Urinating in bottles, stopwatch-timed productivity, and a culture that shames taking breaks—this hellish landscape in which Amazon warehouse employees work is the ugly price of two-day shipping. On top of that, many of these warehouse workers are paid below a living wage; they rely on government assistance programs like welfare and food stamps to make ends meet.

Bernie Sanders, the independent senior senator from Vermont, is trying to fix this issue. Named after the world’s richest man, Jeff Bezos, the “Stop BEZOS Act” taxes corporations the cost of public assistance programs for each of their employees. The act aims to shift the economic strain of supporting lower-income employees from the government to corporations.

Bezos has decided to take action in response to the bill. In what seemed like a win for minimum wage workers across the nation, Amazon announced that it would be standardizing a fifteen-dollar minimum wage this month. Amazon was the first major company to take this step, and Sanders praised the hallmark decision as a “shot heard around the world.” Yet, at the end of the day, Amazon’s simultaneous cuts to employee benefits, such as stock options and incentive pay, shows how government-mandated living wages will not help employees in the long run.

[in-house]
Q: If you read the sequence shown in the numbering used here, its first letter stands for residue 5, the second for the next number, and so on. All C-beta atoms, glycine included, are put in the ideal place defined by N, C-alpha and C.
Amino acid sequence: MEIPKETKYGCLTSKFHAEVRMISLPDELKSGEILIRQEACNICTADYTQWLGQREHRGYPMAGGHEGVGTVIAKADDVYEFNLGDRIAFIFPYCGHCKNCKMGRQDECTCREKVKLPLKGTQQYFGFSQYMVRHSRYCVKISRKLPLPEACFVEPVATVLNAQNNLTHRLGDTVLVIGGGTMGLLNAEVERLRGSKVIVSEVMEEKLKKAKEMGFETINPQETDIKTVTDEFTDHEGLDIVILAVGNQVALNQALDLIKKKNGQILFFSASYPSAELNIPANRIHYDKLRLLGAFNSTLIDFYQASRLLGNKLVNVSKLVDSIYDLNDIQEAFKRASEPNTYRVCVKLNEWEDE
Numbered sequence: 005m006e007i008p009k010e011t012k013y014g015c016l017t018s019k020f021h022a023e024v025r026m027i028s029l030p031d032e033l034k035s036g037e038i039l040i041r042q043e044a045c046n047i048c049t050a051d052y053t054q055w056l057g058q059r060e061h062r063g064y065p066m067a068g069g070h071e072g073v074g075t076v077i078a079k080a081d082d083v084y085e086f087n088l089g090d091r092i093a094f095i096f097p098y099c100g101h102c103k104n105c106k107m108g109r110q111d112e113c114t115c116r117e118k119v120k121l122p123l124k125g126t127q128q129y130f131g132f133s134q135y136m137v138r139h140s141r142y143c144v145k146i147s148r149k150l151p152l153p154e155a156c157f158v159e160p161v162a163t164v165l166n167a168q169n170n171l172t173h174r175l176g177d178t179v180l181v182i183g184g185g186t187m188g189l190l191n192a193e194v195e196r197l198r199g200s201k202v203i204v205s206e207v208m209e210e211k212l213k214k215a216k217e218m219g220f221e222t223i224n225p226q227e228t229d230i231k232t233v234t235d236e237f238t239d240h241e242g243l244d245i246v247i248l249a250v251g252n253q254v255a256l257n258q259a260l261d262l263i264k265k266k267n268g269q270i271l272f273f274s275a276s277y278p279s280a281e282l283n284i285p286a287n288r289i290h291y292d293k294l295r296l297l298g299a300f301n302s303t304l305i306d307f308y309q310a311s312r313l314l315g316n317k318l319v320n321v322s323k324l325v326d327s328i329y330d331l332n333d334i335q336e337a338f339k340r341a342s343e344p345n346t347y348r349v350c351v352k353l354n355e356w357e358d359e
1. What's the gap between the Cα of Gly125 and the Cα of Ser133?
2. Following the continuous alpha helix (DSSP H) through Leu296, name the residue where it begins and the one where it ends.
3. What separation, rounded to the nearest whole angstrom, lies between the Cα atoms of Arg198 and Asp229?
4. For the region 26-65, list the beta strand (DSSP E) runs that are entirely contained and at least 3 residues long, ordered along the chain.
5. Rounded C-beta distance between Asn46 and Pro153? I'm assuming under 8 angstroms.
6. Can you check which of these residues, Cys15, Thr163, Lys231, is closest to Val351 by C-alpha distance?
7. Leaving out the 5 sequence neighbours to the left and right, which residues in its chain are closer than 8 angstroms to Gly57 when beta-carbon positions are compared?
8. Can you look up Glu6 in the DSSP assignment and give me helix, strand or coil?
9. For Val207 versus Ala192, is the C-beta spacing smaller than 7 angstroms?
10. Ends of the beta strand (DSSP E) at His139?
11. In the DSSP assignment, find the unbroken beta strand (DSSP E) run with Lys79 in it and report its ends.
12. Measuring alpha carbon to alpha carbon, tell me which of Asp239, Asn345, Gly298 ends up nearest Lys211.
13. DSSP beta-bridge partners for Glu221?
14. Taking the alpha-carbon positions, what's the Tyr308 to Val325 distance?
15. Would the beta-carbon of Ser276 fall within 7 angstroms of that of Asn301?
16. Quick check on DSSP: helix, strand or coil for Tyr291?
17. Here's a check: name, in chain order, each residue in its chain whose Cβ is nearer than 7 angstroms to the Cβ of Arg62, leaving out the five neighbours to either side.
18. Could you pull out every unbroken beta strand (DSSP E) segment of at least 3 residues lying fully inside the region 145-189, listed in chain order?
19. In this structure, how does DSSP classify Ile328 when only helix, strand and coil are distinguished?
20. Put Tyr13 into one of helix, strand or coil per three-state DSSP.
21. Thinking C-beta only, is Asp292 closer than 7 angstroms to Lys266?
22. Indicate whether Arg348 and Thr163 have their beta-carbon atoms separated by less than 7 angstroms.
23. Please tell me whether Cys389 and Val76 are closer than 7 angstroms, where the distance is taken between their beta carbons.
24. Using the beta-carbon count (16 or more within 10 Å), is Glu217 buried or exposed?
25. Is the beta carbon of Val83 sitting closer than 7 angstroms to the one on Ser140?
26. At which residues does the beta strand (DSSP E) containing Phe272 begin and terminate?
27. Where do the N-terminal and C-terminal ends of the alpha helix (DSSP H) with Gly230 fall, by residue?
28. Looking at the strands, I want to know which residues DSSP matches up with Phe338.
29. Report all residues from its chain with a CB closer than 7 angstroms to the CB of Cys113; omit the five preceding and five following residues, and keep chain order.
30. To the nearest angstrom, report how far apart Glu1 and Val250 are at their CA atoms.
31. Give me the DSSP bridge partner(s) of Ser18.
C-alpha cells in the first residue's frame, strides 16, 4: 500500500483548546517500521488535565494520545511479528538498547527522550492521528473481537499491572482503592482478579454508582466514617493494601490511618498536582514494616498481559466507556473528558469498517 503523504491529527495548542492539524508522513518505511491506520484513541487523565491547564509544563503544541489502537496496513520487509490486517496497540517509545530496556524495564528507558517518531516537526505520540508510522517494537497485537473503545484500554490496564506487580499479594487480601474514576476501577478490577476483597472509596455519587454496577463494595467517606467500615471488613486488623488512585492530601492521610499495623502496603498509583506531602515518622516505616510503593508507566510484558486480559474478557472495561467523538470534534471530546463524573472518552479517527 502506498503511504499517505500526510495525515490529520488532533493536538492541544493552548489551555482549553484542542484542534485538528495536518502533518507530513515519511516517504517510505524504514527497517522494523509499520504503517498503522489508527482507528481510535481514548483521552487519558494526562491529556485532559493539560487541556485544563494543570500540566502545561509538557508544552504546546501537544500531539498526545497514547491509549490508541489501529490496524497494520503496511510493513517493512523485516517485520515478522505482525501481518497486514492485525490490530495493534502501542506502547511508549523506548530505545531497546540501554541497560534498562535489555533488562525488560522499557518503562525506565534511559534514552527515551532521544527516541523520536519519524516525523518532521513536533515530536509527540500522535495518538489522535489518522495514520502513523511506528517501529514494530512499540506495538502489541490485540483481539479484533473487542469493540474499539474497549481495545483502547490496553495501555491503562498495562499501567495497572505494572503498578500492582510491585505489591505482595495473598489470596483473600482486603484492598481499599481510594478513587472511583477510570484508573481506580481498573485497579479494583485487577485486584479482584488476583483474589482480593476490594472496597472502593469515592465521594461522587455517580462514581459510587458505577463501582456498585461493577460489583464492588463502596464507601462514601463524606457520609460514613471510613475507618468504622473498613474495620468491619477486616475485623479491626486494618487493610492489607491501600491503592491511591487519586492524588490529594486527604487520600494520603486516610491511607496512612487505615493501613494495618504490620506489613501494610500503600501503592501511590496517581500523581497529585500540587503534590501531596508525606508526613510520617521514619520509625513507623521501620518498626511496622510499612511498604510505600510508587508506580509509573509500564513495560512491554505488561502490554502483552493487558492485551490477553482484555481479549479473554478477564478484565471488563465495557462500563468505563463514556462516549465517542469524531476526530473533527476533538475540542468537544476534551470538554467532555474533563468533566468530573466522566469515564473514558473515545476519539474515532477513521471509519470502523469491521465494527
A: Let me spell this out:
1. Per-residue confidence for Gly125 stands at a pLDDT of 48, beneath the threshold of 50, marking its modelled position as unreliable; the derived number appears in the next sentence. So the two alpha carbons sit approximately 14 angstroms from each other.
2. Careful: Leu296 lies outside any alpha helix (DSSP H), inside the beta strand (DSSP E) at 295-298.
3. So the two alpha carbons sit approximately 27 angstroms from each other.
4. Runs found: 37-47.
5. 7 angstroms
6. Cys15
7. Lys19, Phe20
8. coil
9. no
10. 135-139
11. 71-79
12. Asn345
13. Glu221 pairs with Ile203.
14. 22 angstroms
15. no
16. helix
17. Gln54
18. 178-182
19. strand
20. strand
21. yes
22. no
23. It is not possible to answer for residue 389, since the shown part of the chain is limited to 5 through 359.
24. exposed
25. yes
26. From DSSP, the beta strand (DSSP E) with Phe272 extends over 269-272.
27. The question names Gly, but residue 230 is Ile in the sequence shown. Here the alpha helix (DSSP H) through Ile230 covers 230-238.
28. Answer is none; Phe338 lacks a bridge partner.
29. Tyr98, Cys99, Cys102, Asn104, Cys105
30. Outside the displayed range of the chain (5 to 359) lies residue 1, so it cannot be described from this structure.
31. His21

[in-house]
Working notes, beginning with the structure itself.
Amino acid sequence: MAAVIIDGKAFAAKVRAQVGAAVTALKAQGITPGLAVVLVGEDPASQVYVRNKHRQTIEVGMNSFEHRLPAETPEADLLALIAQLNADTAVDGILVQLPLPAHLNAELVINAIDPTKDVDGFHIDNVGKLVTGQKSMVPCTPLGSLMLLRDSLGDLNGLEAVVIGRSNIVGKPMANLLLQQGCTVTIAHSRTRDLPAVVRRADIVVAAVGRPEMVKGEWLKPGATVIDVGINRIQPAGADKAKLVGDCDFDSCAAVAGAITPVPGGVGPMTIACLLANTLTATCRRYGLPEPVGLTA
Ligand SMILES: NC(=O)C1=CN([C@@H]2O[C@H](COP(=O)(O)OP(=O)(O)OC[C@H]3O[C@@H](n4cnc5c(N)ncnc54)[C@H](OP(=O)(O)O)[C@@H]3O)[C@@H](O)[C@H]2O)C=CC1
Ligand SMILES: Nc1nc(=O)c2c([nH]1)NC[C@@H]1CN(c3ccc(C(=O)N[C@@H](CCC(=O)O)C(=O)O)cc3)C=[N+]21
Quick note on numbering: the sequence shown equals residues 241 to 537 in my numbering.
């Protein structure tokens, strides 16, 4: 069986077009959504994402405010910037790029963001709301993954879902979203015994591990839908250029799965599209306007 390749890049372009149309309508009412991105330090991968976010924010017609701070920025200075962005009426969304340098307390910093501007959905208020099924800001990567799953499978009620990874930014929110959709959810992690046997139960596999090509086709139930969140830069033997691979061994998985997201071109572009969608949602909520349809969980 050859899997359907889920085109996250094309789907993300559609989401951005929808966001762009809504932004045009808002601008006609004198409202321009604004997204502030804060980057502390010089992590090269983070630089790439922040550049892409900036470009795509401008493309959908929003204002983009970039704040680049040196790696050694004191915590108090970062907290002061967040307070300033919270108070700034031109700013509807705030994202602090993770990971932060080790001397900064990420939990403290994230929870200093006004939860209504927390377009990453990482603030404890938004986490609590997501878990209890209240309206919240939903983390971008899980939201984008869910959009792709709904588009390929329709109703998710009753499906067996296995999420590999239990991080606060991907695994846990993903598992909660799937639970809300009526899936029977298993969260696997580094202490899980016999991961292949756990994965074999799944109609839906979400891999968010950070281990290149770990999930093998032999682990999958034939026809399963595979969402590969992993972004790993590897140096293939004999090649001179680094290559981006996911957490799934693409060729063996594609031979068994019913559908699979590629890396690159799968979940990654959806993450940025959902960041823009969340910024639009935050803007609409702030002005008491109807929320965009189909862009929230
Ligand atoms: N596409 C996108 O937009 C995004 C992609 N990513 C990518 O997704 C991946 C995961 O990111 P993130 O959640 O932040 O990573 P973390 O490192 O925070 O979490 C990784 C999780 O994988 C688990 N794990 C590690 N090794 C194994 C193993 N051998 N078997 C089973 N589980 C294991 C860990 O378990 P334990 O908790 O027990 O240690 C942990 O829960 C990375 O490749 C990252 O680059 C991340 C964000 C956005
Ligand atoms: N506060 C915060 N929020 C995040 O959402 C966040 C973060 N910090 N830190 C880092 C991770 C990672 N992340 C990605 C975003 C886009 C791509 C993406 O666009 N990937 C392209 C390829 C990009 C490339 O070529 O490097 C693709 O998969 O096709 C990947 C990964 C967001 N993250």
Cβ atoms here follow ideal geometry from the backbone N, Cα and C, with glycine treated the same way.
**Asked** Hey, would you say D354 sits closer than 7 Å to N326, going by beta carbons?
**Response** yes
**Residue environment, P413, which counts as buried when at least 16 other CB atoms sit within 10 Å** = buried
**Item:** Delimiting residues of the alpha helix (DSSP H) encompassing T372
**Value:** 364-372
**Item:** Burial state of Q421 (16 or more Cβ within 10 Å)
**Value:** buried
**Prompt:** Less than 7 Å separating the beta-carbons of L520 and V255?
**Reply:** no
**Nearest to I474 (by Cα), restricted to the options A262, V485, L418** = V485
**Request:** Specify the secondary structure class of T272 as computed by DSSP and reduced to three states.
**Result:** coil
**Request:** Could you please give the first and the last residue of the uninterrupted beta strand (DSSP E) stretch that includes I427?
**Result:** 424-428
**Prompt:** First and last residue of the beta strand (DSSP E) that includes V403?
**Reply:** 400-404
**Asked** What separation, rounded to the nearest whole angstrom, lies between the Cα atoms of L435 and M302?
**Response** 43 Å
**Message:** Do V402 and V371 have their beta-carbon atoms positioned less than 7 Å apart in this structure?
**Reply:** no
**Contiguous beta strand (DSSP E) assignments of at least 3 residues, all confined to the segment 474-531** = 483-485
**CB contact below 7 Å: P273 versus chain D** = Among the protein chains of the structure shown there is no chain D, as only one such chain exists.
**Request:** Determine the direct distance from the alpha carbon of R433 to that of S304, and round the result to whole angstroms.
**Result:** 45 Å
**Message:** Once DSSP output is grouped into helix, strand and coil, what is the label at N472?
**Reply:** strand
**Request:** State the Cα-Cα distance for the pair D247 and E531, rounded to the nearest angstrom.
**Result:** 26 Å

Restricted Stock Units (RSUs) and Variable Compensation Pay (VCP) are two such compensation programs Amazon has scheduled for removal. The RSU program, after an initial two-year period, provides warehouse workers with two to three Amazon shares each year. Just last month, each share was valued at an upwards of $2039/share. In conjunction, the VCP program allows employees to earn an additional 8% of their monthly income (16% in busy November and December) by meeting set production goals. This benefit nets approximately $2,400 each year. Although the new minimum wage will certainly raise hourly salaries by a few dollars overall, Amazon warehouse workers may not even come close to their previous earning thresholds.

Whereas compensation programs like the RSU and VCP are intended to “motivate and retain employees of the highest caliber,” the recent wage reform encourages “immediate and predictable” compensation over an incentive-based rewards system. This shift promotes a higher employee turnover rate: the raised minimum wage attracts new employees to the detriment of its benefit-earning veterans. As seen in this case with Amazon, when enacting governmental policies like a living wage, corporations will merely reallocate costs back to their workers. Sanders’s progressive “Stop BEZOS Act,” which intended to redistribute wealth from the top billionaires to the middle-lower classes, has instead marginalized the very working class that it sought to restabilize.

Although it is easy to feel discouraged by and cynical due to the behavior of Amazon, it is also important to recognize that these corporations make up the very foundation of the American economy. Thus, it is the responsibility of both the government and the people to move forward toward a mutual solution between big corporations and the common man.